Confidence among U.S. consumers climbed more than forecast in April to a five-month high as Americans’ outlook for the economy and their incomes improved.
The Conference Board’s index rose to 68.1, exceeding the highest projection in a Bloomberg survey, from a revised 61.9 in March, data from the New York-based private research group showed today. Economists surveyed by Bloomberg forecast an increase to 61.
Gains in the stock market, an increase in property values and cheaper prices at the gas pump are helping stabilize household wealth. A growing share of consumers expecting a pickup in incomes may help fuel the pace of spending, which accounts for about 70% of the economy, in the second half of 2013.
“The fact that they feel a little bit wealthier will give them a little more leeway,” said Brian Jones, senior U.S. economist in New York at Societe Generale. Still, “you’re going to have a spring lull, and growth will reaccelerate in the second half of the year. I do think the labor market is genuinely getting better.”
Forecasts of the 72 economists surveyed by Bloomberg ranged from 54.5 to 66.5 after a previously reported 59.7 in March. The measure averaged 53.7 in the recession that ended in June 2009.
Stocks extended losses as a report showed business activity unexpectedly shrank in April for the first time in more than three years. The Standard & Poor’s 500 Index dropped 0.3% to 1,588.38 at 10:21 a.m. in New York.
The MNI Chicago Report’s business barometer fell to 49 in April, the lowest since September 2009, from 52.4 last month. Readings less than 50 signal contraction.
Another report today showed home prices in 20 U.S. cities climbed in the 12 months to February by the most since May 2006. The S&P/Case-Shiller index of property values increased 9.3% from February 2012. Compared with a month earlier, prices rose the most since October 2005.
The Conference Board’s gauge of consumer present conditions rose to 60.4 in April from 59.2 in March. The measure of expectations for the next six months climbed to a five-month high of 73.3 from 63.7.
The share of those expecting their incomes to increase in the next six months advanced to 16.8%, the highest since April 2011, from 14.6%.
Those expecting business conditions to improve in the next six months rose to 16.9% in April from 15% the prior month.
“Consumer confidence has been challenged several times over the past few months by such events as the fiscal cliff, the payroll tax hike and the sequester,” Lynn Franco, director of economic indicators at the Conference Board, said in a statement. “Thus, while expectations appear to have bounced back, it is too soon to tell if confidence is actually on the mend.”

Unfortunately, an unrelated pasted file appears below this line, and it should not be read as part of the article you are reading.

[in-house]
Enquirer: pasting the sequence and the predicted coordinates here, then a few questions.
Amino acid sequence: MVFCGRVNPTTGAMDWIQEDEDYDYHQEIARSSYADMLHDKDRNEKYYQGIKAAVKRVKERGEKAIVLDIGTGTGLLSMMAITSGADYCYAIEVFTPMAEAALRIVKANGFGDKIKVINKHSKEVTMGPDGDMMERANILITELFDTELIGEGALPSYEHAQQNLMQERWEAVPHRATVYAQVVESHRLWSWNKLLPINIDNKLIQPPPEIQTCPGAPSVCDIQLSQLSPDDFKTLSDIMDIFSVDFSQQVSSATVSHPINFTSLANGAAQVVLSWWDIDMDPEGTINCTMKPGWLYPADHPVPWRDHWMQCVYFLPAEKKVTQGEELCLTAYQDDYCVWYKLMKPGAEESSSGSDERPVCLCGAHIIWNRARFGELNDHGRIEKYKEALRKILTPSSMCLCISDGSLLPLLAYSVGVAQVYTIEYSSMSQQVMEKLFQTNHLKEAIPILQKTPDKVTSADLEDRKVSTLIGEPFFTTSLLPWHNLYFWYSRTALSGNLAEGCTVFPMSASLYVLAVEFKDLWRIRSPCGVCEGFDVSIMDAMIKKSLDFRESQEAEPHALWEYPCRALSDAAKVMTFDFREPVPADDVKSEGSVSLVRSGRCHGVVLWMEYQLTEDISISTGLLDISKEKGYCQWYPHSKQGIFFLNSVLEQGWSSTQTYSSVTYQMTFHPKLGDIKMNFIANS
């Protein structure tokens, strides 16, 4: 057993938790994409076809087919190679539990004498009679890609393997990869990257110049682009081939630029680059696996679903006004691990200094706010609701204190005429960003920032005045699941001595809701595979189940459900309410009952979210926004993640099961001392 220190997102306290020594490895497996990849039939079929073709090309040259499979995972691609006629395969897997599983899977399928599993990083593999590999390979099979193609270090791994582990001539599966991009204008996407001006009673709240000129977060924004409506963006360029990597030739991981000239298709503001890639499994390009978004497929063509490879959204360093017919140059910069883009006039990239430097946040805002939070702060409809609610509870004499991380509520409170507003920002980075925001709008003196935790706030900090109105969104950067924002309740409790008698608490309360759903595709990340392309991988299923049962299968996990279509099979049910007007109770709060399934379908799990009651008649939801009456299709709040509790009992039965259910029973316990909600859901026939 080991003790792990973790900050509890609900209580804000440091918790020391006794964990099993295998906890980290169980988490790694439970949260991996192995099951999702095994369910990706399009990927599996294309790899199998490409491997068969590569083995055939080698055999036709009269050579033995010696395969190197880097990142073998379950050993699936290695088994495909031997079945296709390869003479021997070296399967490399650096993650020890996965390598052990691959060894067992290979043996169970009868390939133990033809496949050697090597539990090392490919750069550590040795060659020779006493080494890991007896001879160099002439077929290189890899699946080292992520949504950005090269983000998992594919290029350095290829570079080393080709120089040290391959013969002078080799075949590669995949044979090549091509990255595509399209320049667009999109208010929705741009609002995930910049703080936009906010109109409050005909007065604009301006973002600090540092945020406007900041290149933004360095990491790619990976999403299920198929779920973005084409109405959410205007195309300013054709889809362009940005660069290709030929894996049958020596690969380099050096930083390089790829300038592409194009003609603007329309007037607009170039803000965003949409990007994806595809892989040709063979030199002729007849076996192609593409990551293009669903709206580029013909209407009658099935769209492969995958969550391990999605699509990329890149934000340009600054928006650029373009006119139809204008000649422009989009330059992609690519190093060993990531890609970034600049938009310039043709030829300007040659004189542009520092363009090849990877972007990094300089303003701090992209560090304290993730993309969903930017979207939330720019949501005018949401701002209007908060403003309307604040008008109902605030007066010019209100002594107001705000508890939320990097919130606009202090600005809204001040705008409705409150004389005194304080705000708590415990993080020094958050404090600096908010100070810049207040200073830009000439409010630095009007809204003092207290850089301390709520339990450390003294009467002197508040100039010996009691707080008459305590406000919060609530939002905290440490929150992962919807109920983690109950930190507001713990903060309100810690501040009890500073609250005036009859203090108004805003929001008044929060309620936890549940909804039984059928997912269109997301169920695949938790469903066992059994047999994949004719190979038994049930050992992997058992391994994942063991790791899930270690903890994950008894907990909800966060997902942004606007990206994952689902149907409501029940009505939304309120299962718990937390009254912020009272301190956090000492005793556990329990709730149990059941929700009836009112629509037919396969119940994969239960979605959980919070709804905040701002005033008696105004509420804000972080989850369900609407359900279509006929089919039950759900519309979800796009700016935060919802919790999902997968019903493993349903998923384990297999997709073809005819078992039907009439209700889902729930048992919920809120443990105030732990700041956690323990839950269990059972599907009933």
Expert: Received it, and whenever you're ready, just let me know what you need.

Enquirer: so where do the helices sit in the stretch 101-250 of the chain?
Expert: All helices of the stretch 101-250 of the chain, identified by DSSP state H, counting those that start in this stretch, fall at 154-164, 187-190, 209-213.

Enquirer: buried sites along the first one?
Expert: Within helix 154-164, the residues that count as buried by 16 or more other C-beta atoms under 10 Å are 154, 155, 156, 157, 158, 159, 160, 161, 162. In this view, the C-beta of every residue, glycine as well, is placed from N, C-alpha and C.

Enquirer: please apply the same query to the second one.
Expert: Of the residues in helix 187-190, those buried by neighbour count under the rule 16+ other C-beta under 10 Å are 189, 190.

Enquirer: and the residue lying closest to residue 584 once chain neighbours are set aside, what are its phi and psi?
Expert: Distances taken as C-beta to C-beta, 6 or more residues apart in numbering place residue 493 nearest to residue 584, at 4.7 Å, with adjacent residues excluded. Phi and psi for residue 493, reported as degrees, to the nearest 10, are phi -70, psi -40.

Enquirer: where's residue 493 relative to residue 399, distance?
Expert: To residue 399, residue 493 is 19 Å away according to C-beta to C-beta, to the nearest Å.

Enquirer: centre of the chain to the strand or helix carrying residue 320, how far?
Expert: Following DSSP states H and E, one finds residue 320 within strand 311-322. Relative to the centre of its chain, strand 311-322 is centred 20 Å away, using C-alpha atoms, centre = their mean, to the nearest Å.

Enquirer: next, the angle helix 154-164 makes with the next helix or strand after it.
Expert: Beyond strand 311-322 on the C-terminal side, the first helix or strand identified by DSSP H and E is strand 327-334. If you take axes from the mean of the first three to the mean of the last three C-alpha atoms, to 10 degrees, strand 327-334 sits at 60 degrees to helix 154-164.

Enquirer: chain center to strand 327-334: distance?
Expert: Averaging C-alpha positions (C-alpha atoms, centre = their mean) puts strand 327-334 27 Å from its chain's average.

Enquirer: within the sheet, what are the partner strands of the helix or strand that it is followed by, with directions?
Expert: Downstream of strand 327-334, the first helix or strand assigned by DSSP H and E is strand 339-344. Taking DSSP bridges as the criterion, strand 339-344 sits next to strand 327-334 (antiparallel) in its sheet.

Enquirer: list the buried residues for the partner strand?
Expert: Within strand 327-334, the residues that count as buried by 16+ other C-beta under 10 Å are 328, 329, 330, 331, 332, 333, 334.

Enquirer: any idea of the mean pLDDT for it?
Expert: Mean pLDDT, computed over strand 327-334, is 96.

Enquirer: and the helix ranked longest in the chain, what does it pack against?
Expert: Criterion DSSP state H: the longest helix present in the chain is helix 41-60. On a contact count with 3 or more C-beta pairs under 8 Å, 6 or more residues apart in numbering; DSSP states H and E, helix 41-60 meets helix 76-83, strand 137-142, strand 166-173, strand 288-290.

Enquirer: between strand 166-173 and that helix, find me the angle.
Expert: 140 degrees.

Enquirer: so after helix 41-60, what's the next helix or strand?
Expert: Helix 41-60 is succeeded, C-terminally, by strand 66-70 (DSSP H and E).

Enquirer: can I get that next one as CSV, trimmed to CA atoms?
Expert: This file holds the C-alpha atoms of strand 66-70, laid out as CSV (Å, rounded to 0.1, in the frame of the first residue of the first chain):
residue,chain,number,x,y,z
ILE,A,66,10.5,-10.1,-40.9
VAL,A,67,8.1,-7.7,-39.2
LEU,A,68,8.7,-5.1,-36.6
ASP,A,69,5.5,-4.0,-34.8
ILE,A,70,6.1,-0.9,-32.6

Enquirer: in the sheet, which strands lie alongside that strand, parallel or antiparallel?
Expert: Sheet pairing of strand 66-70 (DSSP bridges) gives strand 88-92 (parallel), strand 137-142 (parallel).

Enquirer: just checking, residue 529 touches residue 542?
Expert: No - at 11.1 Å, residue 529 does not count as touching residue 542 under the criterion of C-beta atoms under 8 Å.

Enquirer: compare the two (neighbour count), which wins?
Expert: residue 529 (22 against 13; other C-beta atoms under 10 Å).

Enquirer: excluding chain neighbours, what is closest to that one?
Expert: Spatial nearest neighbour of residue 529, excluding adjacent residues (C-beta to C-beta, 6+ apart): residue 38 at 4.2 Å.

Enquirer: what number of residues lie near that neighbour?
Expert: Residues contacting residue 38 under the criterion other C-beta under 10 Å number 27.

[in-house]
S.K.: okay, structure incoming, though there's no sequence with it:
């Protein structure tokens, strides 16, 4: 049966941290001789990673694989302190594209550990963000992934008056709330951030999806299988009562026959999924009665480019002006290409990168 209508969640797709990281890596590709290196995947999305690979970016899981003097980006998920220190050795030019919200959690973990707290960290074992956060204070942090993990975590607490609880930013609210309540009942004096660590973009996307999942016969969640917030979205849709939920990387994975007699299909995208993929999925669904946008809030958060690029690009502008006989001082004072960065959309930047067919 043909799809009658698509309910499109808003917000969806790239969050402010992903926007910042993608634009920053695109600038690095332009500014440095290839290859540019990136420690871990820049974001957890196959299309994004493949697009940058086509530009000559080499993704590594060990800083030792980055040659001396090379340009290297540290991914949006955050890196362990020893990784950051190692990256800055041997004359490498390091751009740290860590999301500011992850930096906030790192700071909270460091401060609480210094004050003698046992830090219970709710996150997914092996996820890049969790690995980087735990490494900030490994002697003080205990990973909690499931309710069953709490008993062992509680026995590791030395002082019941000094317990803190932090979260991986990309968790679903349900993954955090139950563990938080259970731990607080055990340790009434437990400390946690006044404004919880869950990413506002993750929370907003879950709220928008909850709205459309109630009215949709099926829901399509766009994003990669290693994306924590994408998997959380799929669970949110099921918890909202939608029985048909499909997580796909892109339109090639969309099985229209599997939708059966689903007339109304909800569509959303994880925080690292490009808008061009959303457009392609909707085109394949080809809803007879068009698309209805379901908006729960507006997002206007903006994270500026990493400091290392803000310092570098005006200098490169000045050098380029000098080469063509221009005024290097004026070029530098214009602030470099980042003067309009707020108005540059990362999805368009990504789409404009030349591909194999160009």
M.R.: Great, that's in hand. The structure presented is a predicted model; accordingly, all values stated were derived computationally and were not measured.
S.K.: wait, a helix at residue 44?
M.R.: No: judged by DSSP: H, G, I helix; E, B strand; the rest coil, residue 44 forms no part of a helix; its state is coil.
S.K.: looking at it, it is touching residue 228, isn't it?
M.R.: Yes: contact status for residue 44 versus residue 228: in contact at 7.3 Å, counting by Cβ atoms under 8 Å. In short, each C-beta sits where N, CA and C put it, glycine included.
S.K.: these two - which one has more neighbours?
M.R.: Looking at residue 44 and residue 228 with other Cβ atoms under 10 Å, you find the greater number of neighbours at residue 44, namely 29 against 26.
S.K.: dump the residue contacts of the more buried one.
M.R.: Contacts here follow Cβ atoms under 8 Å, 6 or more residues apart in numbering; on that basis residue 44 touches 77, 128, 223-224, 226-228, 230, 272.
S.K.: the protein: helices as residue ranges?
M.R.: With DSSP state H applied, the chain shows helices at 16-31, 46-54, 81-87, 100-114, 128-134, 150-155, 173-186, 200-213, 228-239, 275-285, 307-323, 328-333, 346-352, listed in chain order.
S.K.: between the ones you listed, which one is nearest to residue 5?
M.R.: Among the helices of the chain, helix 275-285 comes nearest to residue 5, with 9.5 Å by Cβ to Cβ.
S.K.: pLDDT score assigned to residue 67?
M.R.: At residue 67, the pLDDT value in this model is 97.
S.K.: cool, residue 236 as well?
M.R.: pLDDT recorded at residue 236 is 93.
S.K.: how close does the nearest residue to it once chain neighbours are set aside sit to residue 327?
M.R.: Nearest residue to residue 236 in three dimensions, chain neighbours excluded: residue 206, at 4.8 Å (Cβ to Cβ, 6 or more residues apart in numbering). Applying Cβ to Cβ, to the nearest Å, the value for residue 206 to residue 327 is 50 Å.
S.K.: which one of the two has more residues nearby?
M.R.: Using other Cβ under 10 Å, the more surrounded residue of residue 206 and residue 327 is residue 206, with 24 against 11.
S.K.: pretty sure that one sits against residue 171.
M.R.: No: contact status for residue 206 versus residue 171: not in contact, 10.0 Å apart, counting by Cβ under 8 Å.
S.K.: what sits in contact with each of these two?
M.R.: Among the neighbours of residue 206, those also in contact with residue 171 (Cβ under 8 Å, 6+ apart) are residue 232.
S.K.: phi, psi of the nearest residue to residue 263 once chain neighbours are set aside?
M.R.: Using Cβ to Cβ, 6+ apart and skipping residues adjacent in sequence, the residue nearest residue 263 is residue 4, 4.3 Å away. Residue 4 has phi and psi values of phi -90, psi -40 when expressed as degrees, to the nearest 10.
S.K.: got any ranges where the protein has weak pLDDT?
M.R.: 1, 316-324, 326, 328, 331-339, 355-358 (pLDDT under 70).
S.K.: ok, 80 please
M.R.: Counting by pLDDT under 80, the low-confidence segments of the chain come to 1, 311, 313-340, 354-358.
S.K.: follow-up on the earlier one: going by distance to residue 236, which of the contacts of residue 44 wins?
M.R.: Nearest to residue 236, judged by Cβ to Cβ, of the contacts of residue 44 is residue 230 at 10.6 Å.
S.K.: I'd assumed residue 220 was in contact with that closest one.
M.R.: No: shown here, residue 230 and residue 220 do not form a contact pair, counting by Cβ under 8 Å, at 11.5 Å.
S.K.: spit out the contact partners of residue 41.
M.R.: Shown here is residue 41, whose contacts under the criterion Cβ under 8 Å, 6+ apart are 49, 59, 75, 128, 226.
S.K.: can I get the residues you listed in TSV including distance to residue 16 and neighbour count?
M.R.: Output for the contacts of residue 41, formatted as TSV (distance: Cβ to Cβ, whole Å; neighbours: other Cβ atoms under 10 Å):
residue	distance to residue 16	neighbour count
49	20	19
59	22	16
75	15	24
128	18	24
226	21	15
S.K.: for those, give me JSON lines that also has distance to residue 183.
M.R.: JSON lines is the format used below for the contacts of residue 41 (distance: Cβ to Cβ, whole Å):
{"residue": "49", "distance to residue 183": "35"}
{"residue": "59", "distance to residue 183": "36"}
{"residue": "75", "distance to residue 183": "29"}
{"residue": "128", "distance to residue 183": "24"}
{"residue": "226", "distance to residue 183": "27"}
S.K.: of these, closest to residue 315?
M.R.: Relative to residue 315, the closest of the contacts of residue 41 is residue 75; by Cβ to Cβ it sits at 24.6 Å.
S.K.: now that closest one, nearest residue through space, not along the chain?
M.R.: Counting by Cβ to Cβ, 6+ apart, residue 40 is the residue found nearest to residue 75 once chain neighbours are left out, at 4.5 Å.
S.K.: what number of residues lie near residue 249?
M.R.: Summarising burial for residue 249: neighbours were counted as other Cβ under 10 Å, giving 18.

The share of consumers expecting more jobs to become available in the next six months rose to 14.2% in April from 13% in February.
The number of respondents who said jobs are currently plentiful advanced to 9.8% in April from 9.5%.
Today’s figures are in line with the Bloomberg Consumer Comfort Index. That measure in the week ended April 21 was close to the highest since January 2008. At the same time, the Thomson Reuters/University of Michigan index of consumer sentiment fell in April to a three-month low.
Household spending in the first quarter increased at a 3.2% annualized rate, the biggest gain since the fourth quarter of 2010, Commerce Department figures showed April 26. The increase added 2.24 percentage points to economic growth of 2.5% during the three months.
At the same time, a report yesterday showed spending began to cool late in the quarter. Purchases climbed 0.2% in March after a 0.7% surge in the prior month, the Commerce Department said. Economists project outlays in the current quarter will grow at a 1.8% annual rate, according to the median estimate in a Bloomberg survey from April 5 to April 9.
Chipotle Mexican Grill Inc. still sees a lack of consistency from the American consumer.
“It seems like the economy is off to a great start and then every time, about this time every year for the last two years in the spring, we get mixed signals on consumer confidence and job creation and things like that,” Chief Financial Officer John Hartung said in an April 18 conference call.
Hindering households is the 2 percentage-point increase in the tax that funds Social Security, which took effect at the start of the year. Americans earning $50,000 a year are taking home about $80 less a month.